Under the Ottoman Empire (from the end of 13th century until 1923) the status of Christians further deteriorated. The Ottoman Empire did everything possible to expand its borders. For several centuries, it enjoyed considerable success. Most of the Balkan countries, parts of Hungary and Poland and all of Greece came under Ottoman rule. All of these countries were Christian — Orthodox, Catholic or Protestant. The Ottomans employed the millet (originally Arabic for: religion, religious community, nation) system in which each religious group enjoyed a certain autonomy and lived under its own denominational leadership and laws. But each remained under the strict control of the Ottoman overlords. While this provided a certain autonomy, it also ran the risk of “ghettoizing” and, hence, isolating the communities. At the same time the same social, cultural and financial incentives continued which would entice Christians to convert to Islam.

In the 19th century the Ottoman Empire entered a period of decline. There were large groups like Greeks, Armenians, Assyrians and others who became restive. Nationalist movements began to emerge and many of these groups sought independence. In 1821 Greek nationalists revolted against the Ottoman Sultan Mahmud II. The patriarch of Constantinople, Gregory V, who was also the leader of the Greek millet, opposed the revolt. Nevertheless, the Sultan held him responsible. On 22 April 1821, Easter Sunday, the Ottomans arrested Gregory after the liturgy and hanged him in full vestments on the gate of the patriarchate, where his body remained for two days. This not only enflamed the Greeks but also encouraged Russian, French and British intervention on the side of the Greek rebels. Ultimately the rebels were victorious and Greece achieved independence in the Treaty of Constantinople in May 1832.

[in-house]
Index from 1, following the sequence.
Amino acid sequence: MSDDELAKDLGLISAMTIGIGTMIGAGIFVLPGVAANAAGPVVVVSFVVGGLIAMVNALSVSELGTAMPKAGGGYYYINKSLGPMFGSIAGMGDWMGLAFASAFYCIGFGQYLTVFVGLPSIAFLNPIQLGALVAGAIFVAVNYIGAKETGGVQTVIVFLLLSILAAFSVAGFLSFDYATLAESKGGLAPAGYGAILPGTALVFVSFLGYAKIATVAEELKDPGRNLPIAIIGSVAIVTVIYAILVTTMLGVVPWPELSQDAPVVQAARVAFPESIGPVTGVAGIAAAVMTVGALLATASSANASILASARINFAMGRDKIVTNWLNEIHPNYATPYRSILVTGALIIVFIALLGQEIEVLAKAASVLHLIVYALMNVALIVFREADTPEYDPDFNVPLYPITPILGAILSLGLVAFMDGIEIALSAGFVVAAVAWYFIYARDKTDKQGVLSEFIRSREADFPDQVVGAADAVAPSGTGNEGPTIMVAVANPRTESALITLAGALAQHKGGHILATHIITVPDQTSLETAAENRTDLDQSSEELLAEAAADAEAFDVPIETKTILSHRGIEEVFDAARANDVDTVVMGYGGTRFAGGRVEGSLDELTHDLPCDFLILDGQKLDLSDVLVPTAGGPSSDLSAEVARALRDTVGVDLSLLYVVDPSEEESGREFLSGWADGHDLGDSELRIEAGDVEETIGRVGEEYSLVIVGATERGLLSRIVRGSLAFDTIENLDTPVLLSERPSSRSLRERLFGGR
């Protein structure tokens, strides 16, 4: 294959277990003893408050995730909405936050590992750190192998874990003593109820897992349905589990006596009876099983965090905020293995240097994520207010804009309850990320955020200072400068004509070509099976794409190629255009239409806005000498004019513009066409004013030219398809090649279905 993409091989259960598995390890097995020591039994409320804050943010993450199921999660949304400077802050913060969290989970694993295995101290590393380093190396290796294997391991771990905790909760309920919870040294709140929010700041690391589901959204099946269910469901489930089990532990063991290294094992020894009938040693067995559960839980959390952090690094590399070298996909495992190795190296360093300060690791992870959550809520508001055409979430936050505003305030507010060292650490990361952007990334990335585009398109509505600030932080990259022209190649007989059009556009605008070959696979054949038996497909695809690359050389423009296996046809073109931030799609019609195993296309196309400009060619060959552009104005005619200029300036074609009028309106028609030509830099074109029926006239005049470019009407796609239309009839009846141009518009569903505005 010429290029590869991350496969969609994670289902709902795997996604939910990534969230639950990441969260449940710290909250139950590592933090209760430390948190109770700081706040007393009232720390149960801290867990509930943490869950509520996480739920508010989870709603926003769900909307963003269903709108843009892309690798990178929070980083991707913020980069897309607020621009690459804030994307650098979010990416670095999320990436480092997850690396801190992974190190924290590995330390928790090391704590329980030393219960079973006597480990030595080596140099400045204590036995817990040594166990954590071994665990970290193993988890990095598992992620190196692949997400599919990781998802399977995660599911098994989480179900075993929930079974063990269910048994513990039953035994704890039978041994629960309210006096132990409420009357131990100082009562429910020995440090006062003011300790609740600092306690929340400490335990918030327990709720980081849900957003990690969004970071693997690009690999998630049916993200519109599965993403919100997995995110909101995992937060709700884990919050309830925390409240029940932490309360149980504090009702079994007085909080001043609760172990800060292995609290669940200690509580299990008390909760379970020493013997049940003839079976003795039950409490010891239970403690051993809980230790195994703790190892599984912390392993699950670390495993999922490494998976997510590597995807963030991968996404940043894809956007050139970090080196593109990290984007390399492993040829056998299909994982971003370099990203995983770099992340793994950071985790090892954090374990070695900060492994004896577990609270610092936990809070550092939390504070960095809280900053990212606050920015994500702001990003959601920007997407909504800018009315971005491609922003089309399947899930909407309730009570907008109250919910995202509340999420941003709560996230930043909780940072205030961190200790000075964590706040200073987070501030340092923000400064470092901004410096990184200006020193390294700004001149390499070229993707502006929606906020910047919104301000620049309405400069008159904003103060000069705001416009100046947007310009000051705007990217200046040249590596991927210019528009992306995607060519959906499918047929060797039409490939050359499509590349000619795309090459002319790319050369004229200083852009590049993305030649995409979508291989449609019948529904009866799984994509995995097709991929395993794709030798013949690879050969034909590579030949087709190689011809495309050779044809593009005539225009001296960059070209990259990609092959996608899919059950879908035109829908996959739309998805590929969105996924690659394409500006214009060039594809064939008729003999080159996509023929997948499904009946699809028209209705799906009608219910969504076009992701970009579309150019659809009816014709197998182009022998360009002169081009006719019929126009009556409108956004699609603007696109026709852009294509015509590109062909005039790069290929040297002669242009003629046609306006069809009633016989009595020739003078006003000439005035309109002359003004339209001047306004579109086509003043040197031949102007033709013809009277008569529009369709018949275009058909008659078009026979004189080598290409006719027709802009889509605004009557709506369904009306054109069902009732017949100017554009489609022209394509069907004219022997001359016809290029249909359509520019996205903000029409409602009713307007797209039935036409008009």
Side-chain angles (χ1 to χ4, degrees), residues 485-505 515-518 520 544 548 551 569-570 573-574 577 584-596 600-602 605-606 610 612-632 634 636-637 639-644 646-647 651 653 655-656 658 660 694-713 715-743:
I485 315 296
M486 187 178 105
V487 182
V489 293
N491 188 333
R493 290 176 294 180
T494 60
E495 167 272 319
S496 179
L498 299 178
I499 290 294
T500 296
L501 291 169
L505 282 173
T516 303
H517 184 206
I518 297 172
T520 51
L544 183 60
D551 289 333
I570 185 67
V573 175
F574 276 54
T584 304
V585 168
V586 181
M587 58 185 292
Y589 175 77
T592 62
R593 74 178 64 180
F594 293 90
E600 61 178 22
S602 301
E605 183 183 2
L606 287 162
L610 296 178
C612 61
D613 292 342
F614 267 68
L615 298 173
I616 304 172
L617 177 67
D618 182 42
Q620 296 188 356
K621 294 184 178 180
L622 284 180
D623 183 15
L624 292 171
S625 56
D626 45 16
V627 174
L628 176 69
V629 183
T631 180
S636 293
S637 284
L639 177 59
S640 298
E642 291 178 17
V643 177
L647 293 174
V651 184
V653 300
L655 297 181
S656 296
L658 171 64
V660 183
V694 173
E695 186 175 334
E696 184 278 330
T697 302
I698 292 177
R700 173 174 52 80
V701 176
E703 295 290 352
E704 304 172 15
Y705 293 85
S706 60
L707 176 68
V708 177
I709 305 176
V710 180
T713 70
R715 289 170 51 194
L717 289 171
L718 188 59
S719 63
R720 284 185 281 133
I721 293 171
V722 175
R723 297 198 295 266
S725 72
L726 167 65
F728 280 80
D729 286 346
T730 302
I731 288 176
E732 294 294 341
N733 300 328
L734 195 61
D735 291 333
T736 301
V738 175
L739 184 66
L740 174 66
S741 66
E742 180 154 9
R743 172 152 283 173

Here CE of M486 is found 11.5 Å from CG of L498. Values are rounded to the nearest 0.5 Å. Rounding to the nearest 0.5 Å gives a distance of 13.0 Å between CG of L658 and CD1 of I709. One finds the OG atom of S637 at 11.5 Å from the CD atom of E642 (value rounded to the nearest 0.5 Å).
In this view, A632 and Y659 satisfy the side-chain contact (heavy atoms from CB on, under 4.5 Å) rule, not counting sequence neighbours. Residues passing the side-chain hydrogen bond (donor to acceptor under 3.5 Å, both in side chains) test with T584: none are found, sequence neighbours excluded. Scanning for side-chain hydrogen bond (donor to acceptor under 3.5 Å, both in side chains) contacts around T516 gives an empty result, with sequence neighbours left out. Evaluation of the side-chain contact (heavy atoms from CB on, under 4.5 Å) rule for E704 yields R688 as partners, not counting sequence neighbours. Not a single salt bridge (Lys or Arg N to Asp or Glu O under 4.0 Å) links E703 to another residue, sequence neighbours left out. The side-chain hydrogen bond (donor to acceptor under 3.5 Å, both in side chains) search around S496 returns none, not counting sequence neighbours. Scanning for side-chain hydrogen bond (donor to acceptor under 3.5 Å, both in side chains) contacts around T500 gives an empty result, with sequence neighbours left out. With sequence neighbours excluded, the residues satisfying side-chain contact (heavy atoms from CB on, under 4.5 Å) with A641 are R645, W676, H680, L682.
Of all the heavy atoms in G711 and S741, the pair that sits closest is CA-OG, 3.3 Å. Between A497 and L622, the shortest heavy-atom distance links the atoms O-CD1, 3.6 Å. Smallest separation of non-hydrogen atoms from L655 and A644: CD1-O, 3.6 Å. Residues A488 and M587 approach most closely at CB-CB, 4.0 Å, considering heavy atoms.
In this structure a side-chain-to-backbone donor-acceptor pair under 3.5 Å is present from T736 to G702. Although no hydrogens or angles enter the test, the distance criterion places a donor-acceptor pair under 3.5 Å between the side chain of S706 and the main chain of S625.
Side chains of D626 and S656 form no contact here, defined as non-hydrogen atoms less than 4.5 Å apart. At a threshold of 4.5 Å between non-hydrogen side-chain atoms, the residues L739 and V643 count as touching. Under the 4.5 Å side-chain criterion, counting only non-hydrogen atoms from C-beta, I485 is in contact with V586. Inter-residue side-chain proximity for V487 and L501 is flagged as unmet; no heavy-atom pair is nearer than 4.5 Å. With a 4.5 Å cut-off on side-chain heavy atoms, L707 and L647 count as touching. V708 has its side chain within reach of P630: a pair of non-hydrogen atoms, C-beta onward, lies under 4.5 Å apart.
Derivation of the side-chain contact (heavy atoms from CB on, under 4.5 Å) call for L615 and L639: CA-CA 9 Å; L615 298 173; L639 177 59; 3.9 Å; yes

The success of the Greeks was a shock to the Ottomans. They had been invincible for centuries. Soon other Christian millets became possible hotbeds for revolutionaries. The intervention of Russia, France and Britain on the side of the Christian Greeks was a warning to the Ottomans.